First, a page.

Andrew Sperling

Andrew specialises in Judicial Review, Parole Board advocacy and human rights. He has extensive practical experience of the criminal justice and penal systems and significant experience of conducting difficult, high profile judicial review challenges, test cases and appeals for more than a quarter of a century. 
He was a founder member of the Association of Prison Lawyers (APL) which was established in 2008 by a small number of practitioners and has grown to a membership of almost 400 members. He was instrumental in developing the organisation in size and profile. He was Chairman of APL between 2011 and 2013. He was a Finalist in the national Legal Aid Lawyer of the Year Awards in 2013.
In April 2014 he was commissioned to work on stakeholder engagement and governance projects for the Parole Board of England & Wales.
In 2017 he set up his own practice, SL5 Legal, of which he is the Managing Director. SL5 now operates as part of the Tuckers group.
He has provided training for the Parole Board, the National Autistic Society, the Bar Council and members of a new Conditional Release Board in the Cayman Islands. He is a member of the Advisory Board for the Legal Aid Practitioners Group, the Editorial Board of the Journal of Intellectual Disabilities and Offending Behaviour and a facilitator for the Law Society's Advocacy for the Vulnerable programme. 
He has successfully represented clients in the High Court, the Court of Appeal (both Civil and Criminal Divisions), the Supreme Court and the European Court of Human Rights. 
He has been interviewed by the BBC, ITV, Channel 4, Radio 4 and LBC and has had articles published in The Guardian, The New Statesman and Byline Times.
Contributed to


ECHR, art 5(4)—rights and duties
Practice notes

This Practice Note explains the scope and impact of Article 5(4) of the European Convention of Human Rights (ECHR) on the rights of prisoners. It considers the scope of Article 5(4), procedural fairness (ie specific procedural guarantees for matters of deprivation of liberty which are distinct from the procedural guarantees of ECHR, Art 6), a prisoner’s right to an oral hearing and a speedy determination once proceedings are commenced, delay in the context of IPP prisoners (those serving a period of imprisonment for public protection), the requirement to provide a real opportunity for rehabilitation via eg offending behaviour courses and how the Secretary of State’s failure to provide access to relevant courses, may render a prisoner’s detention ‘unlawful’, damages or compensation which can be awarded for a violation of a prisoner's Article 5(4) rights, and issues under ECHR, Art 3 of Protocol 1.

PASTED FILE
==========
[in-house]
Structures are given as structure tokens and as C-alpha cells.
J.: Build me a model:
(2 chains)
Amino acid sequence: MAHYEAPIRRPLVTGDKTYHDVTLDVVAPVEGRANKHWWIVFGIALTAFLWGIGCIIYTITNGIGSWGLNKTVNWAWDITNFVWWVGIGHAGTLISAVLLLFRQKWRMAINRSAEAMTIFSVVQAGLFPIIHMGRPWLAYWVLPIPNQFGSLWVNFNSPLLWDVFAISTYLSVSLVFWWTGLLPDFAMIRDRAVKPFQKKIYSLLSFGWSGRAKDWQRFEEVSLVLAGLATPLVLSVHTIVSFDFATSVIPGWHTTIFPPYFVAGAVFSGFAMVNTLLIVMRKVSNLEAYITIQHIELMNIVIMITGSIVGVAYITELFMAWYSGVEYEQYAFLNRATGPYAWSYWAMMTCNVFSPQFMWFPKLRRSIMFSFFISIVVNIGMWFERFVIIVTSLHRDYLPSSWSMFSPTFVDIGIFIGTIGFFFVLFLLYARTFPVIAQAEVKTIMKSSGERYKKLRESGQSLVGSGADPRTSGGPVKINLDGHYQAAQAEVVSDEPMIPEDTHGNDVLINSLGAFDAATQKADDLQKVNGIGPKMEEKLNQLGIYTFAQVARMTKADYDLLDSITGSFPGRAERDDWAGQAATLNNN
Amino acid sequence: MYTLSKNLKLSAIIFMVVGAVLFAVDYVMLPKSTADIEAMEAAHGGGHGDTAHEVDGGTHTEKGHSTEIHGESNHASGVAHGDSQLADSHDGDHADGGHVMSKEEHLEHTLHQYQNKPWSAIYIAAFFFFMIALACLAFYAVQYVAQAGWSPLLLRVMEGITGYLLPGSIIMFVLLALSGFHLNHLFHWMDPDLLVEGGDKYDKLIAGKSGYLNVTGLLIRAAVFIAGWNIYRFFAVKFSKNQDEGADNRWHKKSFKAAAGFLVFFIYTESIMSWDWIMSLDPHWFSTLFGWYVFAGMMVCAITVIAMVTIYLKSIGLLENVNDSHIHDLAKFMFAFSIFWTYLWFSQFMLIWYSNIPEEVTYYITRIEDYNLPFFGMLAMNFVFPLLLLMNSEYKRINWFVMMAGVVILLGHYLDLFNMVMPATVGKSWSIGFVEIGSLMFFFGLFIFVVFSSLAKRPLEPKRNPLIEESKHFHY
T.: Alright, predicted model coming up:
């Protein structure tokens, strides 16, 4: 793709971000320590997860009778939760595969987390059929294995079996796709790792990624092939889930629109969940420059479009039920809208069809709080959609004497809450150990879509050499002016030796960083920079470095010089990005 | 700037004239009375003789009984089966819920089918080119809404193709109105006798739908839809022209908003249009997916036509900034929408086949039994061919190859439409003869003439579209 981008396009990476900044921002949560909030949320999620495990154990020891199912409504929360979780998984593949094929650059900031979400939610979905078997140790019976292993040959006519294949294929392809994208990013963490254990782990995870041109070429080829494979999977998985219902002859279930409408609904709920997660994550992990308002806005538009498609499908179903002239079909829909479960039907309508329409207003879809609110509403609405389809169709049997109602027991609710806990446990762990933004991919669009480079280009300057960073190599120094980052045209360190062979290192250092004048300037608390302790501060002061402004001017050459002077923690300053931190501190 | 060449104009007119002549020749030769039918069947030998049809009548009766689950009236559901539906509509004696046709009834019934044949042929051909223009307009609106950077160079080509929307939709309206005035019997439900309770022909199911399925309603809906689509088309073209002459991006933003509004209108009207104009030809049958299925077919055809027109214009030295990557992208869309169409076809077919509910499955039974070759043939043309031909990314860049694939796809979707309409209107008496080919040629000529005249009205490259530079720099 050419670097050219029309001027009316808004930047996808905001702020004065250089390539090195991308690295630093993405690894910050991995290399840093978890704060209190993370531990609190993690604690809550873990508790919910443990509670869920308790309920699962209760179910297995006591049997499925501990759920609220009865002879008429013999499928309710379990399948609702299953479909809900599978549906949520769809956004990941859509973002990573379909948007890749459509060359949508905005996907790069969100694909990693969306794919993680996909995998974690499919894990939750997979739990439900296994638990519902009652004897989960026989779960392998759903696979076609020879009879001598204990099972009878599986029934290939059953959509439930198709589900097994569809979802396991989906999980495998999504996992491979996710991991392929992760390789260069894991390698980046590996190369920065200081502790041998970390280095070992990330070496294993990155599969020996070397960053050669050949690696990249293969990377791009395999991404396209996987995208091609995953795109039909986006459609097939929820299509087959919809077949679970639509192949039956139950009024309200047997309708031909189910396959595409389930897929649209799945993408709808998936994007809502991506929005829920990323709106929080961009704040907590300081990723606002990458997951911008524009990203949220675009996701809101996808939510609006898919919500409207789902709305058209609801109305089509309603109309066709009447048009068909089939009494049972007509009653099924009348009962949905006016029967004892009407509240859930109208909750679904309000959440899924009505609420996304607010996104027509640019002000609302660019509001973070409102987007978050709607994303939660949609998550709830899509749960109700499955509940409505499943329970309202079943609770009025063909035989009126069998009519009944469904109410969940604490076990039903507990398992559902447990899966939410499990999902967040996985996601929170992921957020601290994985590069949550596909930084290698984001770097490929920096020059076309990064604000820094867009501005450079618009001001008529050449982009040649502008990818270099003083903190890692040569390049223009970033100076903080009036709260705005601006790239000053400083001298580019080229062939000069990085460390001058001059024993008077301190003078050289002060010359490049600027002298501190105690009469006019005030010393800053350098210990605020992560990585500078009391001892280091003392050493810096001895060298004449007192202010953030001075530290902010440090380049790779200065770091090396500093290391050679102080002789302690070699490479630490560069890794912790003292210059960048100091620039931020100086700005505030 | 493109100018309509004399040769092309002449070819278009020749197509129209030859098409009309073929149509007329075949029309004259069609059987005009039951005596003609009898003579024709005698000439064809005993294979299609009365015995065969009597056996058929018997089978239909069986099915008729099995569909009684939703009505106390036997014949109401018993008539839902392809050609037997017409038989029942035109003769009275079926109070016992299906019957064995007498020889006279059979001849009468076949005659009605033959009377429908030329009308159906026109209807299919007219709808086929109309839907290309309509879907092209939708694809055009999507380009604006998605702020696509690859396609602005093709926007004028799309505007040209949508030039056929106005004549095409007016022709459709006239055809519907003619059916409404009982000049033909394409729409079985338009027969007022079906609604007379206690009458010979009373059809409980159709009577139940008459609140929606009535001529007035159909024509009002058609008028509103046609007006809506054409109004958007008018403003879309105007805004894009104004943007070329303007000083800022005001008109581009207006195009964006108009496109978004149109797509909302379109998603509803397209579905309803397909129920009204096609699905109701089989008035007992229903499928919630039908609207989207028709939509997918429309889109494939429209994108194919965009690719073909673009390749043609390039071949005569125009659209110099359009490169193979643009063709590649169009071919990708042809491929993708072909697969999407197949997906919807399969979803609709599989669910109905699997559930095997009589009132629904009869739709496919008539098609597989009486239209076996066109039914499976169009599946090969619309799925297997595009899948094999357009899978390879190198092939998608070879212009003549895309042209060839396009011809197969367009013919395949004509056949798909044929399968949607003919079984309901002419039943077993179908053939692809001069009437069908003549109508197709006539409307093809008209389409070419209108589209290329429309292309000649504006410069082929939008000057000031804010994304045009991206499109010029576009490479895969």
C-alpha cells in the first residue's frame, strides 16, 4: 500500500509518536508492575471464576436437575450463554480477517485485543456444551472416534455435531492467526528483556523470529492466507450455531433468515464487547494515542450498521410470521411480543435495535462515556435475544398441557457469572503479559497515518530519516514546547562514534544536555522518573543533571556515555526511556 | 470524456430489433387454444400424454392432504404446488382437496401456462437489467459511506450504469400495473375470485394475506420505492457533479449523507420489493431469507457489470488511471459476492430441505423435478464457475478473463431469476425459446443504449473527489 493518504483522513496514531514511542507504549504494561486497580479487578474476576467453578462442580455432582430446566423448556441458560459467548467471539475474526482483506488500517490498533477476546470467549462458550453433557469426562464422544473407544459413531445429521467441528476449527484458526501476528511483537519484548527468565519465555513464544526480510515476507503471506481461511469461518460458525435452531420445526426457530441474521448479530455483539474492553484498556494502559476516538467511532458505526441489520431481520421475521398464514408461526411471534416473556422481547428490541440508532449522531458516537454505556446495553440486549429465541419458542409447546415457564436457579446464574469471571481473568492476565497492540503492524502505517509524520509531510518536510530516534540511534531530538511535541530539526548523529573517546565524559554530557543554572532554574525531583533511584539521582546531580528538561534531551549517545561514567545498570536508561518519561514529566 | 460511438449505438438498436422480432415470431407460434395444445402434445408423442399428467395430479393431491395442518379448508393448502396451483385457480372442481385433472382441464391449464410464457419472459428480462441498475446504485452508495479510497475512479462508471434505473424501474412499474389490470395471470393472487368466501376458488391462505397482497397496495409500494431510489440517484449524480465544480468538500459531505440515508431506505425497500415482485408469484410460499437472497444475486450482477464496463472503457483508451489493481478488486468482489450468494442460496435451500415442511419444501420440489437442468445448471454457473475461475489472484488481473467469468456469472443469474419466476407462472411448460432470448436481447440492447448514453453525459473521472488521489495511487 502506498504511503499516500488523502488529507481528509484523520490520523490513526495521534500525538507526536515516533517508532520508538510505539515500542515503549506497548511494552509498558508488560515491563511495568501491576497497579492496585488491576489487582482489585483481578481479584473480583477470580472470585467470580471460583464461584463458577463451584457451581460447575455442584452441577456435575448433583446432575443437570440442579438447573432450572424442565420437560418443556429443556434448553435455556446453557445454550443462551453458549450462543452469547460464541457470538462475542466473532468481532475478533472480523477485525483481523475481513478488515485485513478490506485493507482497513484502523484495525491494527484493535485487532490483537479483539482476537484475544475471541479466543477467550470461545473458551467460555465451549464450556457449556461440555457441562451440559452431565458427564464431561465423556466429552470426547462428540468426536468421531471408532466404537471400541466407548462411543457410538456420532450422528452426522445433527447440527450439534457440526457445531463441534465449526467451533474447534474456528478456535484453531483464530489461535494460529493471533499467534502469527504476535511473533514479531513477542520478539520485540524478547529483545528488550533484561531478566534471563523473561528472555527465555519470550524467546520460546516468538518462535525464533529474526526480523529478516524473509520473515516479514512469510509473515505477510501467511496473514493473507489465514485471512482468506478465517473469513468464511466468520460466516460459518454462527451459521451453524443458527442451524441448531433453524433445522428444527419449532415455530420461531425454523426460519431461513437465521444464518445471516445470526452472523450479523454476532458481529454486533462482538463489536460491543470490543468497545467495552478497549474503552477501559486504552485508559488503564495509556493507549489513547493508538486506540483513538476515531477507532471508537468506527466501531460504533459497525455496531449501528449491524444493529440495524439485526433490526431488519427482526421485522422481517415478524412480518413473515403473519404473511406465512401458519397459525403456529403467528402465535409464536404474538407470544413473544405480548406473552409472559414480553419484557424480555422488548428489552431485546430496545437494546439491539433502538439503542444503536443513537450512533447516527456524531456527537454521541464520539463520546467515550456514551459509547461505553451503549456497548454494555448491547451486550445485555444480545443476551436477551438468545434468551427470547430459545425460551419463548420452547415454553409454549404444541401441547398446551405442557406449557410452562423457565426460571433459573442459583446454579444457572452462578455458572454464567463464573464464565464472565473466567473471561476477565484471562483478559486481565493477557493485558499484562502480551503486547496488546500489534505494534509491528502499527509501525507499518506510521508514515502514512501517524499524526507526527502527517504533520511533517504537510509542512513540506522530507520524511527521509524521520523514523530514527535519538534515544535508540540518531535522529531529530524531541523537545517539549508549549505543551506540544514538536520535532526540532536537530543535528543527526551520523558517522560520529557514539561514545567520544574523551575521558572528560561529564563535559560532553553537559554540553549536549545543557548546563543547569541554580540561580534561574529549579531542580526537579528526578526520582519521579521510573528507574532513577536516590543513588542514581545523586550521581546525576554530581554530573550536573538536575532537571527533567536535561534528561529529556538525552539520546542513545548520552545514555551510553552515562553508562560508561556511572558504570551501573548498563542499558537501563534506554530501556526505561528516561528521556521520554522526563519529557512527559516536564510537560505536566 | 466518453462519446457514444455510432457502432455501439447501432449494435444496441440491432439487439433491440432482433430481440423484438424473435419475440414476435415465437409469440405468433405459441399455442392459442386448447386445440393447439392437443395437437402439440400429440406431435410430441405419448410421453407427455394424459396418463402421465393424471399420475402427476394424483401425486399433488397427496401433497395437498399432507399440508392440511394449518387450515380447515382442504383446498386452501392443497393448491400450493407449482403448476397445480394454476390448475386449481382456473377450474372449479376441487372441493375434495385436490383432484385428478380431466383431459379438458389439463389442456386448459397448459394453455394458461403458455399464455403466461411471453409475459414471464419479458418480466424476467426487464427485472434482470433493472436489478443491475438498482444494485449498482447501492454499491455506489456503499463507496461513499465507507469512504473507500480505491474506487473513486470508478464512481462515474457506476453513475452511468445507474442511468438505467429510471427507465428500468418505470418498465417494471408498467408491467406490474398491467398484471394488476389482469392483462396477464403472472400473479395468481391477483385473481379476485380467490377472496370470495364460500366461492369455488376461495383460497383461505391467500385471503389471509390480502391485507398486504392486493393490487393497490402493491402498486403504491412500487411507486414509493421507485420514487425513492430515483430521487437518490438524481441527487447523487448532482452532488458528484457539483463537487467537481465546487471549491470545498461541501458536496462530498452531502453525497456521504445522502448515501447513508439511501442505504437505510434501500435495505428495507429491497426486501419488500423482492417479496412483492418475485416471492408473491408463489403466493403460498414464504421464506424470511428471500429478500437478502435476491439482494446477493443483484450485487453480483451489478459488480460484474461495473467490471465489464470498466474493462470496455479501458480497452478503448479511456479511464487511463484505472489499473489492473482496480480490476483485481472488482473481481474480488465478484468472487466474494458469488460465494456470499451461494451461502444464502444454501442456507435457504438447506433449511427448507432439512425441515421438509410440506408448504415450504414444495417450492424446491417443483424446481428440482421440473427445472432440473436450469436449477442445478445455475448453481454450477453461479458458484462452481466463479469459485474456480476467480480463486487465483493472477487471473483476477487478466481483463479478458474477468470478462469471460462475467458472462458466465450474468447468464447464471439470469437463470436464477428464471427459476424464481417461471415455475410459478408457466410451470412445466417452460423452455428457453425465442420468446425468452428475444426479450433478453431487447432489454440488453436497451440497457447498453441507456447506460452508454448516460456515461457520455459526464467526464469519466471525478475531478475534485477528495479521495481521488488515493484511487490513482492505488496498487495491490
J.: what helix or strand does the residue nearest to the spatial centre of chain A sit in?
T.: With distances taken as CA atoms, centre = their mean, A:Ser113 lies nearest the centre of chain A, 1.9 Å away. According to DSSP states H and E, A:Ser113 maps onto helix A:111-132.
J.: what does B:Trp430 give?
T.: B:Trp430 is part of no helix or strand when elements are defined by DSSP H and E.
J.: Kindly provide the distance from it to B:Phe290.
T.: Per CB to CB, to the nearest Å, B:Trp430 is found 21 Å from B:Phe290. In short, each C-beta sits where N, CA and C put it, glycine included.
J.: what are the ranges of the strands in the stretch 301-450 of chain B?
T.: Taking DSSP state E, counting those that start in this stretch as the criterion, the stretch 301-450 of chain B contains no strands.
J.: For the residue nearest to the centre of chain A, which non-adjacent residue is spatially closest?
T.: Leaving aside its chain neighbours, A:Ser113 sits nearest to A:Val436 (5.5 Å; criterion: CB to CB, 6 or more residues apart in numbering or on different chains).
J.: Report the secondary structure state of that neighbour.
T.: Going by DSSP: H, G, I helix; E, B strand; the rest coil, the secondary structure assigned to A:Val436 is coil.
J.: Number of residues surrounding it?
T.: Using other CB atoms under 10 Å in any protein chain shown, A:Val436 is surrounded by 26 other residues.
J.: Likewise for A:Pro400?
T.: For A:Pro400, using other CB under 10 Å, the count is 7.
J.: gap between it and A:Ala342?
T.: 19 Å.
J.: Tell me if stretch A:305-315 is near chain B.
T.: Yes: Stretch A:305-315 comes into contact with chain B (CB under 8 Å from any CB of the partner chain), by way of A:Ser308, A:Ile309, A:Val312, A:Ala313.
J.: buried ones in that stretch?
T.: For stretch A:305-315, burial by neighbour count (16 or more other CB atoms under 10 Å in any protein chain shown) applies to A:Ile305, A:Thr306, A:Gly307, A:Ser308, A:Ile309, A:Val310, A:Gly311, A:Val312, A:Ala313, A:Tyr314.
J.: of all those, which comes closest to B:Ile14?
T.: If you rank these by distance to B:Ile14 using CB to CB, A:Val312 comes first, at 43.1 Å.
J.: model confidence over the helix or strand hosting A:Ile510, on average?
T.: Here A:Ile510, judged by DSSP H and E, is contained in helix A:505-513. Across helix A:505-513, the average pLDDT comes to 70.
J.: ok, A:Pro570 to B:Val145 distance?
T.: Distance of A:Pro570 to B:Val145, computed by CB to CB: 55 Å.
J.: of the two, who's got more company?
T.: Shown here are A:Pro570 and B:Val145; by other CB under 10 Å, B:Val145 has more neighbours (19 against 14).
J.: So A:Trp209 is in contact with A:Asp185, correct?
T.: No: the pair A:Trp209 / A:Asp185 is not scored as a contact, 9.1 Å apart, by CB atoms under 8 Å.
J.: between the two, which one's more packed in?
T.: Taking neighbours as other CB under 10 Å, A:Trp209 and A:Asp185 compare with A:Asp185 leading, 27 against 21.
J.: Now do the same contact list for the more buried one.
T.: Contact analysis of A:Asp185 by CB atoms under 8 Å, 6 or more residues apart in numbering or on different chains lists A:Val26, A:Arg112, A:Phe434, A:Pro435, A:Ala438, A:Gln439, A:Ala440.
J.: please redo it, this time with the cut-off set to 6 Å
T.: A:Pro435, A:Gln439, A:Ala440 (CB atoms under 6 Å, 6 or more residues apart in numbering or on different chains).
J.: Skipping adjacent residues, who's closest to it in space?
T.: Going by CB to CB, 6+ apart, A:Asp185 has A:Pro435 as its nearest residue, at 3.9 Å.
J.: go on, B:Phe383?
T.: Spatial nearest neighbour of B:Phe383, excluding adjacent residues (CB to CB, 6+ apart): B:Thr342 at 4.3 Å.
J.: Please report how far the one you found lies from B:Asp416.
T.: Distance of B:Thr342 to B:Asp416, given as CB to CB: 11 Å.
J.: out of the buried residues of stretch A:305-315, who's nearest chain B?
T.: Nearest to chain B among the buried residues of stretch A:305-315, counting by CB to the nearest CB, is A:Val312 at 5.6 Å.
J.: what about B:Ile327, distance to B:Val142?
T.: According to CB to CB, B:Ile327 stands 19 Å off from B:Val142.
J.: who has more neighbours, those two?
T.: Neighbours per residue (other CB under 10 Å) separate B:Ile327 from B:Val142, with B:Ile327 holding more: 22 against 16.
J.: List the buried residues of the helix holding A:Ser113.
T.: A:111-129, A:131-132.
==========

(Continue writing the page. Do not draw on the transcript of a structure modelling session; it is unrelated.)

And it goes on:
Licence conditions
Practice notes

The Practice Note explains the licence conditions which may be imposed by the Parole Board, re-release following recall for determinate sentence prisoners, extended sentence prisoners, lifers and imprisonment for public protections (IPPs). It includes information on what the Parole Board must do in respect of giving reasons for its decision. It covers seeking recommendations from the Secretary of State on what matters should be included in a licence, re-release following recall in cases of both determinate and indeterminate sentences, the balance to be struck when deciding whether it is necessary for the prisoner to be detained in order to protect the public from serious harm (to life and limb) as well as the factual basis for the risk assessment.

Prisoner categorisation
Practice notes

This Practice Note deals with the law on prisoner categorisation. It covers categorisation of adult males serving determinate sentences, the over-arching principles of categorisation, the legal framework of categorisation, the process of categorisation for Category A prisoners, the process of categorisation for prisoners other than Category A or life sentence prisoners, the first formal review of Category A prisoners, subsequent reviews of Category A prisoners and reviews of non-Category A prisoners.

Release on temporary licence
Practice notes

This Practice Note provides an introduction to the system of release on temporary licence (ROTL), the types of ROTL which are available and the eligibility of adult prisoners for ROTL. It includes information on the appeal process and the offence which may be committed where a prisoner fails to return from a temporary licence.

Repatriation of Prisoners
Practice notes

This Practice Note explains the law concerning the repatriation of prisoners between the UK and overseas countries and territories governed by the Repatriation of Prisoners Act 1984 (RPA 1984) which has been in force since 15 April 1985. It considers warrants for the transfer of persons serving sentences between the UK and international prisons, either under treaty or bilateral agreement, and where consent of the prisoner is necessary as well as briefly considering where there is a legitimate expectation as to the process to be applied between states for prison transfers.

Other work

Categorisation of adult male prisoners—checklist

This Checklist summarises the different categories of adult male prisoners ranging from category A prisoners to E list prisoners.

Practice areas


  • Contributing Author

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